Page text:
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Monday, 21 May 2012
Page: 4906

Mr SIMPKINS (Cowan) (16:13): Whilst I do not take my instructions from the member for Oxley—

Mr Ripoll interjecting

Mr SIMPKINS: I am wiser than that, I can assure you. But I do welcome the opportunity to speak on bills such as this, the Tax and Superannuation Laws Amendment (2012 Measures No. 1) Bill 2012. The previous speaker from the coalition side made clear that it was not our intention to oppose this bill, because this bill makes a series of changes to existing taxation and superannuation laws. There are seven schedules in this bill and I will go through each of them fairly briefly. Schedule 1 refers to GST-free health supplies and preserves the original policy intention of the GST act that certain suppliers of health related goods and services are to be GST free when they involve multiparty arrangements for an insurer or a government entity.

Schedule 2 addresses the GST treatment of appropriations whereby noncommercial activities of government related entities are not subject to GST.

With regard to schedule 3, this will continue a pause in indexation of concessional caps so that it will remain fixed at $25,000 up to and including the 2013-14 financial year. This schedule in my view continues the attack by the government on Australians that are trying to provide for their retirement. In government, the coalition will look to revisit the levels of concessional contribution caps and co-contributions schemes, obviously, if and when the budget is in a strong enough position to afford it.

When we talk about the importance of superannuation, I think it is often similar to what I say in the schools of the electorate of Cowan, which is that both sides of politics in this country believe in making this country the best it can be. It is the way in which we get there which is the difference between the two sides. When we look at things like concessional caps, it is something like an article of faith: if someone wants to support themselves and remove themselves as a net taker or a net user of government support through superannuation that should be the case and it should be supported. If someone has worked hard throughout their lives and accumulated assets and wealth, we should give that person the best opportunity to, again, not be a net user, not be a taker of government services but remain a contributor. If they can put more away for their superannuation and not become a burden on the taxpayer, then that is what should occur.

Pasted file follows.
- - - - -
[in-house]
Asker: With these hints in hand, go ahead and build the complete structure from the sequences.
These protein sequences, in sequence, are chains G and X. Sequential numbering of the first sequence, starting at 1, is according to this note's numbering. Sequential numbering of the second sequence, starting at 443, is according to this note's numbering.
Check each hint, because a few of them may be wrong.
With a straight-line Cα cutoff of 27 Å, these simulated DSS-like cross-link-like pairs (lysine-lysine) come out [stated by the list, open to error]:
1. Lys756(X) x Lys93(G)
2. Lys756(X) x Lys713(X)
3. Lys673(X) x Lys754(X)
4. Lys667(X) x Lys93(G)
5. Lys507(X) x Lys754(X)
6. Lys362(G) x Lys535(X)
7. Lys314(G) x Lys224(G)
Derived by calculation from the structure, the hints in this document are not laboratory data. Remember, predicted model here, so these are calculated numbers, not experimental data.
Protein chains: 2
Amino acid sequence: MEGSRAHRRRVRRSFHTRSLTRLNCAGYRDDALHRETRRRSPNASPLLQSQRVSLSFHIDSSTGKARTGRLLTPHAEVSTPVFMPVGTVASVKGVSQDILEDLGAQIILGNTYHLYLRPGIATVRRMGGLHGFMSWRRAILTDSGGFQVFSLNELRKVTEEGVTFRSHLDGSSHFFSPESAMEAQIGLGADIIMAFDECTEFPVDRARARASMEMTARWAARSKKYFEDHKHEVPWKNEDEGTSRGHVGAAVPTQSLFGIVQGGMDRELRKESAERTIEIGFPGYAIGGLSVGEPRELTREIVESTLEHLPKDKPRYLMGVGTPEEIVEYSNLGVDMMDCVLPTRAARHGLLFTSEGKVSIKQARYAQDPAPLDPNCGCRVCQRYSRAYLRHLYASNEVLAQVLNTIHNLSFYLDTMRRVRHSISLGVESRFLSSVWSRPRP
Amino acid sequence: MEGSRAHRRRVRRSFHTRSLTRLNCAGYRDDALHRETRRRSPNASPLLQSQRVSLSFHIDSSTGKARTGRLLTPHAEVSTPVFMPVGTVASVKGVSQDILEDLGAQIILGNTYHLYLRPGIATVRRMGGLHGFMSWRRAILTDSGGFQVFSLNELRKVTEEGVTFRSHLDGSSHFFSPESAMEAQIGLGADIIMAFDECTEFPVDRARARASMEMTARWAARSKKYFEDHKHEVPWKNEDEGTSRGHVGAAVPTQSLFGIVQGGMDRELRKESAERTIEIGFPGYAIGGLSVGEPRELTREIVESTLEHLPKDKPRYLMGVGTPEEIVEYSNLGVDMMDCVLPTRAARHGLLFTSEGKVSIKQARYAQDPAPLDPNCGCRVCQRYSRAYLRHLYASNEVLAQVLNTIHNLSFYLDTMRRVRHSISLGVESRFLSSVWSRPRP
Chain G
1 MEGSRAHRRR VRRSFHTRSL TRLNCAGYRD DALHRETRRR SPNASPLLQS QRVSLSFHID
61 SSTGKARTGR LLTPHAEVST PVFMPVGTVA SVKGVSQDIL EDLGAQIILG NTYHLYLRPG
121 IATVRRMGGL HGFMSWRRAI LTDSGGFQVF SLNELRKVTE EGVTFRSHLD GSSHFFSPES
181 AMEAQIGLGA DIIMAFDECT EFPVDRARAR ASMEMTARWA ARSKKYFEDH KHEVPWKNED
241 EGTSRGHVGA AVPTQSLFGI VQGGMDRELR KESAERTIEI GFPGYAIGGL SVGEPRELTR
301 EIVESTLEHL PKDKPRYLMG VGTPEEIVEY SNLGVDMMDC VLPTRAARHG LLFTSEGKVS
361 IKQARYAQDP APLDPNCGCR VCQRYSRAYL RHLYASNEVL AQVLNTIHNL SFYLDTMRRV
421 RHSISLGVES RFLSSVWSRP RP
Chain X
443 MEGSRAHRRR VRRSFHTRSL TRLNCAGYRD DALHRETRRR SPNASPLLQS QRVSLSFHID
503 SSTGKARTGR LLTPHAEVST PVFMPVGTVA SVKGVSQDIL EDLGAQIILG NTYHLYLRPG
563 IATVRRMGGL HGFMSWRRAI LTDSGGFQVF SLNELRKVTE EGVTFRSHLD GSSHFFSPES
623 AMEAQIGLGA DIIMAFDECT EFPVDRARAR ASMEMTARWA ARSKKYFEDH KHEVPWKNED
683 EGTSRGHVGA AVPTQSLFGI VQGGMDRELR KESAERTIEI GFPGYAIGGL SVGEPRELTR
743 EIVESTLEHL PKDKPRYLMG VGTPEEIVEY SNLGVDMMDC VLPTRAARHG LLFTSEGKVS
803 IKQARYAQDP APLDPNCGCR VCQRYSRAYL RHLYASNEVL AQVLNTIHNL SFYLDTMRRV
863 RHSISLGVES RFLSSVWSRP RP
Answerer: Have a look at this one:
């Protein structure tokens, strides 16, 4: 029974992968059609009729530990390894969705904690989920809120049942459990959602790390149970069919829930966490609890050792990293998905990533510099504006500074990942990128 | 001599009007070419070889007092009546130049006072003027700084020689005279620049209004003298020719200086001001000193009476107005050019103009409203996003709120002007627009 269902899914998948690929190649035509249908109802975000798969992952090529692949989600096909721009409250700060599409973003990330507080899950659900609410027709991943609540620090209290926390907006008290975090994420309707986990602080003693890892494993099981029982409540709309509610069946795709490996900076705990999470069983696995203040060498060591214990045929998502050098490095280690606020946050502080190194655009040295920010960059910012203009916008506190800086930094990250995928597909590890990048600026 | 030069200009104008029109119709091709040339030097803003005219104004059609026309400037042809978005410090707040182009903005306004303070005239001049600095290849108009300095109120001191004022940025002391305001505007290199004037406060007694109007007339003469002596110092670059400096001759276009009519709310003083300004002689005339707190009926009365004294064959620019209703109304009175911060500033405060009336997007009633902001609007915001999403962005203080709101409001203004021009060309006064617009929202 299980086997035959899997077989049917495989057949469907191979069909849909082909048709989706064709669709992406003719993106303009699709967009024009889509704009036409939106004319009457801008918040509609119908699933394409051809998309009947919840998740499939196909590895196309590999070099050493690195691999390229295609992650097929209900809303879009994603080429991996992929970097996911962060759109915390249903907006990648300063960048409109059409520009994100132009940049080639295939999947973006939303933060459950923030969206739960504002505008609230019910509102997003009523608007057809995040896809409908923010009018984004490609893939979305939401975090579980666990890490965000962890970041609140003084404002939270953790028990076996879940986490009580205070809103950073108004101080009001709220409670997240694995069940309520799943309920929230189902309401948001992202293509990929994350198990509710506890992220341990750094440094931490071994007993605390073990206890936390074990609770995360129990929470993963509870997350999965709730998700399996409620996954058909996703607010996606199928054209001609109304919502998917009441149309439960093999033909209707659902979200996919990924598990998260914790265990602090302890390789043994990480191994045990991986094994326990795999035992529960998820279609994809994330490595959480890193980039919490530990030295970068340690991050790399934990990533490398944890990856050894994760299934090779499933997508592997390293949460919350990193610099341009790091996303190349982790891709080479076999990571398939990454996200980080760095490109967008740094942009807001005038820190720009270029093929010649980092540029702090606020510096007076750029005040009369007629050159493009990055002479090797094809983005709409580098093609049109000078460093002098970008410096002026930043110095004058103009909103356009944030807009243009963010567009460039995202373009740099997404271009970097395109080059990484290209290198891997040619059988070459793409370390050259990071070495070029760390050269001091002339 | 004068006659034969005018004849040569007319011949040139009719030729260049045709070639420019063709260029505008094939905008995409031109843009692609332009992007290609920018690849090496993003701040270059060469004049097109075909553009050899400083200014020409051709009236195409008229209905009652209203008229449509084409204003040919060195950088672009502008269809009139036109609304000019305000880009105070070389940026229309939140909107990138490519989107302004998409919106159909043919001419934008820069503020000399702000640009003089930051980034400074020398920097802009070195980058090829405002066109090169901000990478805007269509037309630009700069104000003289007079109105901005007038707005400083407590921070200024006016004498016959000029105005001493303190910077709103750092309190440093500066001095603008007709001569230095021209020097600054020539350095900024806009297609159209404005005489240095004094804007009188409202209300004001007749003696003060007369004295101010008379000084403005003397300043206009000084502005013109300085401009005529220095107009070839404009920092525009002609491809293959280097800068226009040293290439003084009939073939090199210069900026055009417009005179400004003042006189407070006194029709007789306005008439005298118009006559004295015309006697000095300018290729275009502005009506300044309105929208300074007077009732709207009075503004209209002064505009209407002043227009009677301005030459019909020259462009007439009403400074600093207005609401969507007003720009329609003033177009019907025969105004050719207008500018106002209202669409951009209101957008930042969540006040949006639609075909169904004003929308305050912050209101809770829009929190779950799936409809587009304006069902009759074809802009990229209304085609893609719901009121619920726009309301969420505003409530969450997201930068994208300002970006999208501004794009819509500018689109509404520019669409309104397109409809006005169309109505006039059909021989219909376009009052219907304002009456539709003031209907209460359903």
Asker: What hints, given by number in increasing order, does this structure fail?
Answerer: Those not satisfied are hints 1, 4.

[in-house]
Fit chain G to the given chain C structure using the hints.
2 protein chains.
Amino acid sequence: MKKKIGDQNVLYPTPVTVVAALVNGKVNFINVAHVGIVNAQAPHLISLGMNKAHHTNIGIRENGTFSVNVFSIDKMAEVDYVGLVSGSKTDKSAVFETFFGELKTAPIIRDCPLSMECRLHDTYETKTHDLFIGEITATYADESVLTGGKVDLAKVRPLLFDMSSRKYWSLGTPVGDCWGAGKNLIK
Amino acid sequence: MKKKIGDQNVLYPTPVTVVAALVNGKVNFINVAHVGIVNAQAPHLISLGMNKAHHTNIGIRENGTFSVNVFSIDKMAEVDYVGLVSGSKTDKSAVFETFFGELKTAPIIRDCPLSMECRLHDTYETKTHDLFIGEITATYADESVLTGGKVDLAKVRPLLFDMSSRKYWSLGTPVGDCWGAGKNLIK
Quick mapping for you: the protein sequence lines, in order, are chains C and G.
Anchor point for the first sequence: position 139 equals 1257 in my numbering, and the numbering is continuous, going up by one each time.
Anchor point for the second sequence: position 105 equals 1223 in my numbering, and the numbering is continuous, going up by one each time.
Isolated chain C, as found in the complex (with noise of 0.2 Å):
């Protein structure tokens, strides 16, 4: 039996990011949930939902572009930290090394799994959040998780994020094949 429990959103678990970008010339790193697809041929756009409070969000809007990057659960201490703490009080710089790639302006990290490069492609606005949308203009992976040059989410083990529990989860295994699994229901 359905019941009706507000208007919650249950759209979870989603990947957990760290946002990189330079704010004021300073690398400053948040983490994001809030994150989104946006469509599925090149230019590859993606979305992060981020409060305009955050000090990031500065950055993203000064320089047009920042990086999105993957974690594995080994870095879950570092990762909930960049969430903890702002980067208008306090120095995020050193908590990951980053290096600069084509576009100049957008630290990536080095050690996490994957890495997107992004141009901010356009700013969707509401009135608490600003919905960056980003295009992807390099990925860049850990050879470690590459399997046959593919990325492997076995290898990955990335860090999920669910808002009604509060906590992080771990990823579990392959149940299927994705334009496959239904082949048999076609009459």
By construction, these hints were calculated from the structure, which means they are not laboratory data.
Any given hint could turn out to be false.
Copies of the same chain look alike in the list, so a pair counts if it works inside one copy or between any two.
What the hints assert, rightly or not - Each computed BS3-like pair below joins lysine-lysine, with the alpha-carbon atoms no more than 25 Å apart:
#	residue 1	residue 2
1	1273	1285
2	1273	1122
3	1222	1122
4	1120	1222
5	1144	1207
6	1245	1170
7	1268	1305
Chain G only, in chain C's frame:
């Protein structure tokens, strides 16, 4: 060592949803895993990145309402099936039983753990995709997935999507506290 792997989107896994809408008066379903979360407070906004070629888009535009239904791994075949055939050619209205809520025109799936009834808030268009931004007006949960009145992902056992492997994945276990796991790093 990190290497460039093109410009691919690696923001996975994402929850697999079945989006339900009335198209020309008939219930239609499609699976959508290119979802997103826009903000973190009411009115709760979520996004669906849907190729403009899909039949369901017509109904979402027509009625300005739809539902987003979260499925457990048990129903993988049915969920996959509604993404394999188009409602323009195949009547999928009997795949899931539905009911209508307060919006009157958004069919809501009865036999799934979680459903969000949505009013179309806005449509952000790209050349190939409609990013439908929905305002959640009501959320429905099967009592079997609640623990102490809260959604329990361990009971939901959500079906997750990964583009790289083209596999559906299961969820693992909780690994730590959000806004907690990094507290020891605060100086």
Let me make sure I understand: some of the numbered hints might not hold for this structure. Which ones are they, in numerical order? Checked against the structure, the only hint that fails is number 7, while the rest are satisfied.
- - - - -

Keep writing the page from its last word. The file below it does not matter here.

We should not see those that have worked hard, those that have accumulated assets, as a target for increased taxation but rather as people who we do not need to worry about in the future and that the taxpayers do not need to worry about. Those that are in need of government support are the ones that can receive that support as opposed to just targeting those that have worked very hard, made some very good decisions and accumulated assets. We should be trying to make sure that they put enough away for their own superannuation.

With regard to schedule 4, this refers to the refund of excess concessional contributions on superannuation. The relief provided by this amendment is a one-off and would not apply where a taxpayer has made excess contributions on any previous occasion on or after 1 July 2012.